SALT LAKE CITY -- House Speaker Brad Wilson proposed doubling the income tax cut to Utahns to $160 million under a new version of a massive tax overhaul bill.
In an interview with FOX 13 on Friday, the Speaker said the new money comes from revenue estimates to the state and budget cuts. Middle-class families mostly benefit, but the Speaker also said the proposed income tax cut would be expanded to include single people and "dual-filers."
"A family of four that makes about 60 thousand a year would be $400 to $450 a year in lower taxes paid to the state even though they’ll be paying a little bit more in sales and gas tax," he said.
The governor's office reported on Friday there was about $440 million in new income tax revenue and $42 million in sales tax revenue. He echoed the call for the income tax cut to double.
"This year’s revenue estimates show that our economy continues to thrive. This success is due to hard-working Utahns. Our continuing efforts to find efficiencies in state government and the success of our economy have helped produce another year of strong revenues," Governor Gary Herbert said in a statement.
The Speaker insisted the tax bill was necessary to fix structural imbalances in the system that pays for government services we all use. The income tax is earmarked for education, while sales taxes pay for everything else in the state's general fund.
"It’s not growing nearly as fast as the economy is and we’ve got to adjust our tax code," Speaker Wilson said.
However, in the latest version of the bill, removing the earmark for education on the income tax will not be considered. The Speaker told FOX 13 that would be discussed in a general session.
There is a public hearing scheduled for 5pm Monday to discuss the changes to the tax bill. A special session could be called for Thursday.
The new version of the bill is being made public hours after more protests over the tax overhaul bill. "Santa" and "The Grinch" delivered petitions to Utah Governor Gary Herbert's office calling for a delay on a special session.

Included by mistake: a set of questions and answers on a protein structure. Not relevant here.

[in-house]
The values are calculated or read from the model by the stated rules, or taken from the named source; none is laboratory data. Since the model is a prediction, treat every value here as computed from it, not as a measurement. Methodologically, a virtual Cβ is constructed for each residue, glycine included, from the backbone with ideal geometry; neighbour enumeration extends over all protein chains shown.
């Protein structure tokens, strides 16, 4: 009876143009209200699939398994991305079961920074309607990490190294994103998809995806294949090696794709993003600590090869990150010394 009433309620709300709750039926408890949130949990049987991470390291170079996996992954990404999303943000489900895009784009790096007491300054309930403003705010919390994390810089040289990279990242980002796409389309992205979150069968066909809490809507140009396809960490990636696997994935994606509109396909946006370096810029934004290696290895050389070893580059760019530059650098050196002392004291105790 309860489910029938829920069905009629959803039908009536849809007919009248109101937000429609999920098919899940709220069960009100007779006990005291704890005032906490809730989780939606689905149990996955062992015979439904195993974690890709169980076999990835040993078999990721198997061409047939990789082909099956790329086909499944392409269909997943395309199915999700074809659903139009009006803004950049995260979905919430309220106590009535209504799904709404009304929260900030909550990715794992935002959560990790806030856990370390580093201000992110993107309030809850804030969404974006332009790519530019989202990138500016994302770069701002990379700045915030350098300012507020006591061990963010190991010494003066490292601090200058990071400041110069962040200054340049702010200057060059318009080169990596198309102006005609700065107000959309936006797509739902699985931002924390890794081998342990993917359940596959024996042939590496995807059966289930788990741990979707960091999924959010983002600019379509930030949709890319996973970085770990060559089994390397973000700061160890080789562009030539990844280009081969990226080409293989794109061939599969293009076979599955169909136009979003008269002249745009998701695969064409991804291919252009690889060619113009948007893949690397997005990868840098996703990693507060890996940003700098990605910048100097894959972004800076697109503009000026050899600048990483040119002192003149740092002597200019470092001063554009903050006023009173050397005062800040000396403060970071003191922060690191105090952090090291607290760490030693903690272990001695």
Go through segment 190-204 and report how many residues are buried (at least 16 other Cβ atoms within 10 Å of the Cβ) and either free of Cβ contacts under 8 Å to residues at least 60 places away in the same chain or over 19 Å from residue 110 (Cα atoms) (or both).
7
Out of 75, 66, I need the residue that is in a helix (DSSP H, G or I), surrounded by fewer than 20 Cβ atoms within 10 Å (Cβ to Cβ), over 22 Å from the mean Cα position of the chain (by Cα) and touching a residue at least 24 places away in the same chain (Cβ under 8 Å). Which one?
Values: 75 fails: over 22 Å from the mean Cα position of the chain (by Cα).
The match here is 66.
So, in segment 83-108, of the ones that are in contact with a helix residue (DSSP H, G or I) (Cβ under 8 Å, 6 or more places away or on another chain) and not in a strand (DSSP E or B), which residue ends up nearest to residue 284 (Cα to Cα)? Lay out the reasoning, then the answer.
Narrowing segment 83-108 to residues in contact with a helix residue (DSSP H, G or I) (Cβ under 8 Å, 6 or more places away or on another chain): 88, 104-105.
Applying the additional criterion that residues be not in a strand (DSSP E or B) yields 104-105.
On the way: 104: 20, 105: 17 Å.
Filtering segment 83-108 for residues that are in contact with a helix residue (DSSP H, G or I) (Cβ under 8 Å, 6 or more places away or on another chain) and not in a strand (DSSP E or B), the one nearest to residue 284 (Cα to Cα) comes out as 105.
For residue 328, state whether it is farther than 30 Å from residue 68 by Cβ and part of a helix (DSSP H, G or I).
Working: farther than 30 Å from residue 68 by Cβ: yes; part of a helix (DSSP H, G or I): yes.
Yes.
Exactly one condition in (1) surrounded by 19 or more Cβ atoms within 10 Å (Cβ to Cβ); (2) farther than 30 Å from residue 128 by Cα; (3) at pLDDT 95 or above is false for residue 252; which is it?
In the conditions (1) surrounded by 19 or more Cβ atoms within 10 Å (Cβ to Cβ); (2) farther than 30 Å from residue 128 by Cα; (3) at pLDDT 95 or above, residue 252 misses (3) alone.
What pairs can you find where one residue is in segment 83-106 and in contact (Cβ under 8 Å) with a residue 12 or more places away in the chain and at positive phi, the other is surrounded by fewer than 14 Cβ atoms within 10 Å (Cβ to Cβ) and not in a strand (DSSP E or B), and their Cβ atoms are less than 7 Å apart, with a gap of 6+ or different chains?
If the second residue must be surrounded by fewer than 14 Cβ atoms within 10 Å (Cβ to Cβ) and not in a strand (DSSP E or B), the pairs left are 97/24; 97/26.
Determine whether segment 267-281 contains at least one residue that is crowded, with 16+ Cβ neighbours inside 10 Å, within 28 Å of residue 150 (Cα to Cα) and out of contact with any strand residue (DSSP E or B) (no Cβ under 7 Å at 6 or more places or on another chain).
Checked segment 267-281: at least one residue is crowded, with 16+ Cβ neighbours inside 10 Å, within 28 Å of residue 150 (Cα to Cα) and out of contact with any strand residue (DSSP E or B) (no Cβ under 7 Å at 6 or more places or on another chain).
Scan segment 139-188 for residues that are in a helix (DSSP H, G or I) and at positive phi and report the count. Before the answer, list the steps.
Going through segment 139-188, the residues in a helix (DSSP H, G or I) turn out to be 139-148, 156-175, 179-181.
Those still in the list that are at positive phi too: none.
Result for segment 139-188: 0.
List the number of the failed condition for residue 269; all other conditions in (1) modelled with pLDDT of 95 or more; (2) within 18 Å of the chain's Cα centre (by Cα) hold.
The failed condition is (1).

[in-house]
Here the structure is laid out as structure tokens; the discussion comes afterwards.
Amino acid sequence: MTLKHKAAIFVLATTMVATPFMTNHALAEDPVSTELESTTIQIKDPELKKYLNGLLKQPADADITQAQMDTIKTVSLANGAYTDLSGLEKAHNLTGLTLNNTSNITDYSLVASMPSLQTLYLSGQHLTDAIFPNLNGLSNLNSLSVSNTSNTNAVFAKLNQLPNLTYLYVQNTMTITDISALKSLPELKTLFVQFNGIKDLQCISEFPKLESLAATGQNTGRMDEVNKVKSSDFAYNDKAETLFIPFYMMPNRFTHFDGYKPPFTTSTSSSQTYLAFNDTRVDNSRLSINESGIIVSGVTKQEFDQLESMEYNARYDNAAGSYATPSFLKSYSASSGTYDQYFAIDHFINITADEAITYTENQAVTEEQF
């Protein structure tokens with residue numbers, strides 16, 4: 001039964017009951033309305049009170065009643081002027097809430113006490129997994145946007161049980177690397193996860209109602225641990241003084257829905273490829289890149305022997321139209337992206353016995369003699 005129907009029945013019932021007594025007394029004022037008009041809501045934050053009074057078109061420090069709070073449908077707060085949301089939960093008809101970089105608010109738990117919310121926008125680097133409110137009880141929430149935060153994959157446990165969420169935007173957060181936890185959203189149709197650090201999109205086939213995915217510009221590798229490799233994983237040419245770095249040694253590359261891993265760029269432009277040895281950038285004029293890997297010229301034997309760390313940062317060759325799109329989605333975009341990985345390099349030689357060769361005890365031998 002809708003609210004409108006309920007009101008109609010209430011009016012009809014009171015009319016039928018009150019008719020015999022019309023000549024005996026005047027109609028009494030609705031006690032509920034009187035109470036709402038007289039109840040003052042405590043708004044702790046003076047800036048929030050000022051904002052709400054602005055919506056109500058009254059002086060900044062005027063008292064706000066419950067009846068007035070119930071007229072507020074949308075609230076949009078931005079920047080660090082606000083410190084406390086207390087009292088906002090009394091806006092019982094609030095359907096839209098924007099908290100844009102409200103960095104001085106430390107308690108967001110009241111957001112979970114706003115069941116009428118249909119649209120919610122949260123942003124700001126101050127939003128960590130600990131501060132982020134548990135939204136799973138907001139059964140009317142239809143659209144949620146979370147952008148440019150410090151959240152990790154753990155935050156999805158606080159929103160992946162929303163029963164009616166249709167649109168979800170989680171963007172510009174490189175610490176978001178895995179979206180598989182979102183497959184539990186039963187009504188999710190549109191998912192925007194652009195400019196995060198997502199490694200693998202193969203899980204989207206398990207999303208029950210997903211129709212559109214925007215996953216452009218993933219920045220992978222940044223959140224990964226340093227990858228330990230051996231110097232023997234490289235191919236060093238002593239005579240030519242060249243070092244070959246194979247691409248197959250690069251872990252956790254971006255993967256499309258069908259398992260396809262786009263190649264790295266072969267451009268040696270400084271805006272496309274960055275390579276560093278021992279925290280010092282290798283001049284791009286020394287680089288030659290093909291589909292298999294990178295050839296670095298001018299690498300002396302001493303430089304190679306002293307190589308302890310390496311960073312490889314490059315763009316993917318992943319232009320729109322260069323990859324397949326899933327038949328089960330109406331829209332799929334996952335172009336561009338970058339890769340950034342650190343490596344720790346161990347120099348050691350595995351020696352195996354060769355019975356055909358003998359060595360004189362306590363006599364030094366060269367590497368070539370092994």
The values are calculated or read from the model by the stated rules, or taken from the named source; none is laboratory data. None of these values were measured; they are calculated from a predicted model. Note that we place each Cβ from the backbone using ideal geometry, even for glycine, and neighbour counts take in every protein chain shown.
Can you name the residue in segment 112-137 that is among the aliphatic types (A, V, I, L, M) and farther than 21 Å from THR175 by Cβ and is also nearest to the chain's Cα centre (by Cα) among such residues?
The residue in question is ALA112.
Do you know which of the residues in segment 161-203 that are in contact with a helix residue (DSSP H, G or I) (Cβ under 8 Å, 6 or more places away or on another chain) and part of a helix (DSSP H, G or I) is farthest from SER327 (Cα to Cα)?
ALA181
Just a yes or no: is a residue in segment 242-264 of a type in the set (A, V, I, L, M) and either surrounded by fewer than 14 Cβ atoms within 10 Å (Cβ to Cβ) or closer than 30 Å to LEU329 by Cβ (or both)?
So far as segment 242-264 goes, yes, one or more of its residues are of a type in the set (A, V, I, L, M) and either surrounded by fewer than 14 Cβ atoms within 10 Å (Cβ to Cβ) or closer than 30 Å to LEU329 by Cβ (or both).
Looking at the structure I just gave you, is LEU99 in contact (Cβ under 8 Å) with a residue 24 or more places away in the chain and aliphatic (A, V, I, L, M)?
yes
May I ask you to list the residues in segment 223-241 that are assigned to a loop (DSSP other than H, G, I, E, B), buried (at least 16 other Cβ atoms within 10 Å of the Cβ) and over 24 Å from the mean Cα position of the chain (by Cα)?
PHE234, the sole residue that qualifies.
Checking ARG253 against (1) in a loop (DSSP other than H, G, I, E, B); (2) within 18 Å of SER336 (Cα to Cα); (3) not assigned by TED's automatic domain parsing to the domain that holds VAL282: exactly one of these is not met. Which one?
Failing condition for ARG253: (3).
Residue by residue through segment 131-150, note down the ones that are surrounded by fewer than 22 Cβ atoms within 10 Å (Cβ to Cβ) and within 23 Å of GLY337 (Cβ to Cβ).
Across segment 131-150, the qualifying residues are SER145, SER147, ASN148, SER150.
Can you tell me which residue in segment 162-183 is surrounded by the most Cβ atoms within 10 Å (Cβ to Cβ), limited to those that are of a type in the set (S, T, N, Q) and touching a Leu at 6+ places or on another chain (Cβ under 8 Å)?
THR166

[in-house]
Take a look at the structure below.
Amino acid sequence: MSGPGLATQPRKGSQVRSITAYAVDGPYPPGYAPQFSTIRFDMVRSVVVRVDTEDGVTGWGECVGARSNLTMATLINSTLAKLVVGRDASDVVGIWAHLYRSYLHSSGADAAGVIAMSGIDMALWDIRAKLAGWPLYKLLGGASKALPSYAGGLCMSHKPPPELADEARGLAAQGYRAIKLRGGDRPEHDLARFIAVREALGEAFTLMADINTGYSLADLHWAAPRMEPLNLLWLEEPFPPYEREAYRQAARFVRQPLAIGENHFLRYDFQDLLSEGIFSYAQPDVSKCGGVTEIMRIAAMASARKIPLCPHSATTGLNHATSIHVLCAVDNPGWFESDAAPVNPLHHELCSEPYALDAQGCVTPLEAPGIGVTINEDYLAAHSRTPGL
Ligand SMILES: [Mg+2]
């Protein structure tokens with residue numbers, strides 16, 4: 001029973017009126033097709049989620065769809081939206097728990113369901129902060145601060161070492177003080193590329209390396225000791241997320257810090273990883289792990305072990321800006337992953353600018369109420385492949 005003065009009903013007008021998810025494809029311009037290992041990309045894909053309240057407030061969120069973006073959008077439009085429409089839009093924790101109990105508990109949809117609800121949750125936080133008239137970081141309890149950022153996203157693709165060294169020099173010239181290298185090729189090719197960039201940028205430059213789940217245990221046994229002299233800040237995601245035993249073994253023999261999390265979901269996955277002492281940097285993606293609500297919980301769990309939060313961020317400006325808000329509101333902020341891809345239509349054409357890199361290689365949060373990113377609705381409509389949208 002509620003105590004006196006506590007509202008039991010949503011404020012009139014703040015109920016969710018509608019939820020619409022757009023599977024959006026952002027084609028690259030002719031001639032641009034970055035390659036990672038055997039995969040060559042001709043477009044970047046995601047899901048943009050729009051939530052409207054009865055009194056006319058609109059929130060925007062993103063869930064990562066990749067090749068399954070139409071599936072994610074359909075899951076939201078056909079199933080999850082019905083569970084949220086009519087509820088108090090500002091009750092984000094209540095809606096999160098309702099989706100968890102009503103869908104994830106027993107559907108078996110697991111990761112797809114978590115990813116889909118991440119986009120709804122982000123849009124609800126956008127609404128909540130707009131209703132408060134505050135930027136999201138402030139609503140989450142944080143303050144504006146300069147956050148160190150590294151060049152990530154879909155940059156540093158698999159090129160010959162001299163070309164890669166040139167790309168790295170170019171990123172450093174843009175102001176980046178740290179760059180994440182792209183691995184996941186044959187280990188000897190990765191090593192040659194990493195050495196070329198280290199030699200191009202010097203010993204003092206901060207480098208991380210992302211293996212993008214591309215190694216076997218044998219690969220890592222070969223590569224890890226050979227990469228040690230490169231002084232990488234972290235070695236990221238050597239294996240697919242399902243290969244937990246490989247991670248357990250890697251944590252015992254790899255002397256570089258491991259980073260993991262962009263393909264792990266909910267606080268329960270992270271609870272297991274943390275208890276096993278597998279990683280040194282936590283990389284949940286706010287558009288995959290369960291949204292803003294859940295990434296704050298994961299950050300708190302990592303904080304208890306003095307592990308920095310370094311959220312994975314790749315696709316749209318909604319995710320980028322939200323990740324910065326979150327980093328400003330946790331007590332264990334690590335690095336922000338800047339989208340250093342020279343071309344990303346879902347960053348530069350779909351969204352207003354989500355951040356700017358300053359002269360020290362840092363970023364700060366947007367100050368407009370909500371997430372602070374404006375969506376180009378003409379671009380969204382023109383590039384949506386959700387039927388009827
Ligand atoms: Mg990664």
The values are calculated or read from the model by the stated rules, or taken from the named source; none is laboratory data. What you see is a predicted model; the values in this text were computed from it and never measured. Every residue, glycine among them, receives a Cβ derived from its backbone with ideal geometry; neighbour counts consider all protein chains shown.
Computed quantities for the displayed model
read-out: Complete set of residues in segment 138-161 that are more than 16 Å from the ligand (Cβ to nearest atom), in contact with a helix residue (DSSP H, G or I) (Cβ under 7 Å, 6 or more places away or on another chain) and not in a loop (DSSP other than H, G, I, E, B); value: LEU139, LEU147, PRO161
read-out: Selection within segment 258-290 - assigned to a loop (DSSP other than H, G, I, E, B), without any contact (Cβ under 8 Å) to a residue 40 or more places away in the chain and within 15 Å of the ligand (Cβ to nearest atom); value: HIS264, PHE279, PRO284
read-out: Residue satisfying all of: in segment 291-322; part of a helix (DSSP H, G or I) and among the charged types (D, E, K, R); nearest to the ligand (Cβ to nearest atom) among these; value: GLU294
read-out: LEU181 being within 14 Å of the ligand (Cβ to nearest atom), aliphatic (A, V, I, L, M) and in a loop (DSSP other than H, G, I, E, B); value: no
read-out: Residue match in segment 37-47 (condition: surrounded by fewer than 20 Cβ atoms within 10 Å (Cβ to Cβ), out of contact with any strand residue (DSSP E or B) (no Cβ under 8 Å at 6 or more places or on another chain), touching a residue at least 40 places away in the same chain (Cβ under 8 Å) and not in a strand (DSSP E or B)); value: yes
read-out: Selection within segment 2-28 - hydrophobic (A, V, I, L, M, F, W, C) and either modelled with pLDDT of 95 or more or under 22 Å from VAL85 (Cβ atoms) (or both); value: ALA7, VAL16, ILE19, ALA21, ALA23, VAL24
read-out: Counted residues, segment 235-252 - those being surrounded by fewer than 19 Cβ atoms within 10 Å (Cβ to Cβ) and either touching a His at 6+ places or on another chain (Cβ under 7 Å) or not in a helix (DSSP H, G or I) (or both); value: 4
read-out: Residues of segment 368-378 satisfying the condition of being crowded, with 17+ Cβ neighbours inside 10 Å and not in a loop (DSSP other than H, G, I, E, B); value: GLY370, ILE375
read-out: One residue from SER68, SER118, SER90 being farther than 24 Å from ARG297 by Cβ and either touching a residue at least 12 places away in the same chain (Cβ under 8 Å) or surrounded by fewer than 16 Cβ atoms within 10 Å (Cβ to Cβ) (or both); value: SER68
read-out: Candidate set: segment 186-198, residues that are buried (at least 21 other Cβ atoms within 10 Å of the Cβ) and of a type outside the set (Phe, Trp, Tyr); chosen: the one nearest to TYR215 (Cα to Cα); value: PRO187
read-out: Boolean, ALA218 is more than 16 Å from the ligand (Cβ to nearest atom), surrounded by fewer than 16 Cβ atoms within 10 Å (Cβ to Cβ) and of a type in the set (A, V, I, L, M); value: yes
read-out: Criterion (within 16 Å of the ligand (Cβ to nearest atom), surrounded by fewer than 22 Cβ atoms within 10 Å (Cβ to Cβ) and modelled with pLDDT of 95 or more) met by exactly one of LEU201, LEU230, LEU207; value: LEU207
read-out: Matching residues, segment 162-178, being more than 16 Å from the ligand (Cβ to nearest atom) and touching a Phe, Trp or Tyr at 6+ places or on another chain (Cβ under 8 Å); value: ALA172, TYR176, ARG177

At a news conference on Friday, groups on the right and left united to criticize the tax overhaul bill and the speed it's moving toward a vote.
"The only thing that we as citizens can do is complain about something that’s been drafted behind closed doors and revealed just in time for a quick vote," said Krista Palmer of the Utah Tax Reform Coalition. "We can do better. We need to slow this process down."
They called on Utahns to speak up and oppose the latest version of the tax bill, and urge lawmakers to give more time to study its impact. At the very least, they called for the tax bill to be considered in the 2020 session of the Utah State Legislature that begins in January.
Each group had different reasons for opposing the bill. Some said the sales tax on services was too selective. Others criticized a hike in the gas tax, while one group said it supported the idea of removing the earmark on the income tax for education. Chase Thomas of the left-leaning Alliance for a Better Utah opposed the sales tax hike on food.
"We should not be saddling tax reform on Utahns who are already struggling," he said Friday.
But they all felt the process was too rushed and Utahns weren't being heard by legislative leadership who want a Dec. 12 special session to pass the 200-page bill.
At their news conference, the groups hinted at a possible citizen referendum if the tax bill passed (with less than the two-thirds majority needed to be referendum-proof).
"I could see that if this type of bad legislative process continues, that the Utah public will have no choice. The citizens of Utah will likely have to rise up and say very clearly to our legislators, we do not approve of passing laws in this way," said Brett Hastings of Utah Legislative Watch.
Meanwhile, House Democrats unveiled their version of a tax bill that included a "progressive income tax" that goes up as people make more, capping out at 8% for those above $600,000. Rep. Joel Briscoe, D-Salt Lake City, also proposed eliminating the sales tax entirely and replacing it with a gross receipts tax.
"I think it’s being rushed," he said. "Part of the reason of us putting ours out is to say there are other ideas out there we think have merit."
The plan is not likely to advance very far, as Republicans are a super-majority in the Utah State Legislature.
Read the proposed income tax bill summary here:
Read the proposed income tax bill here: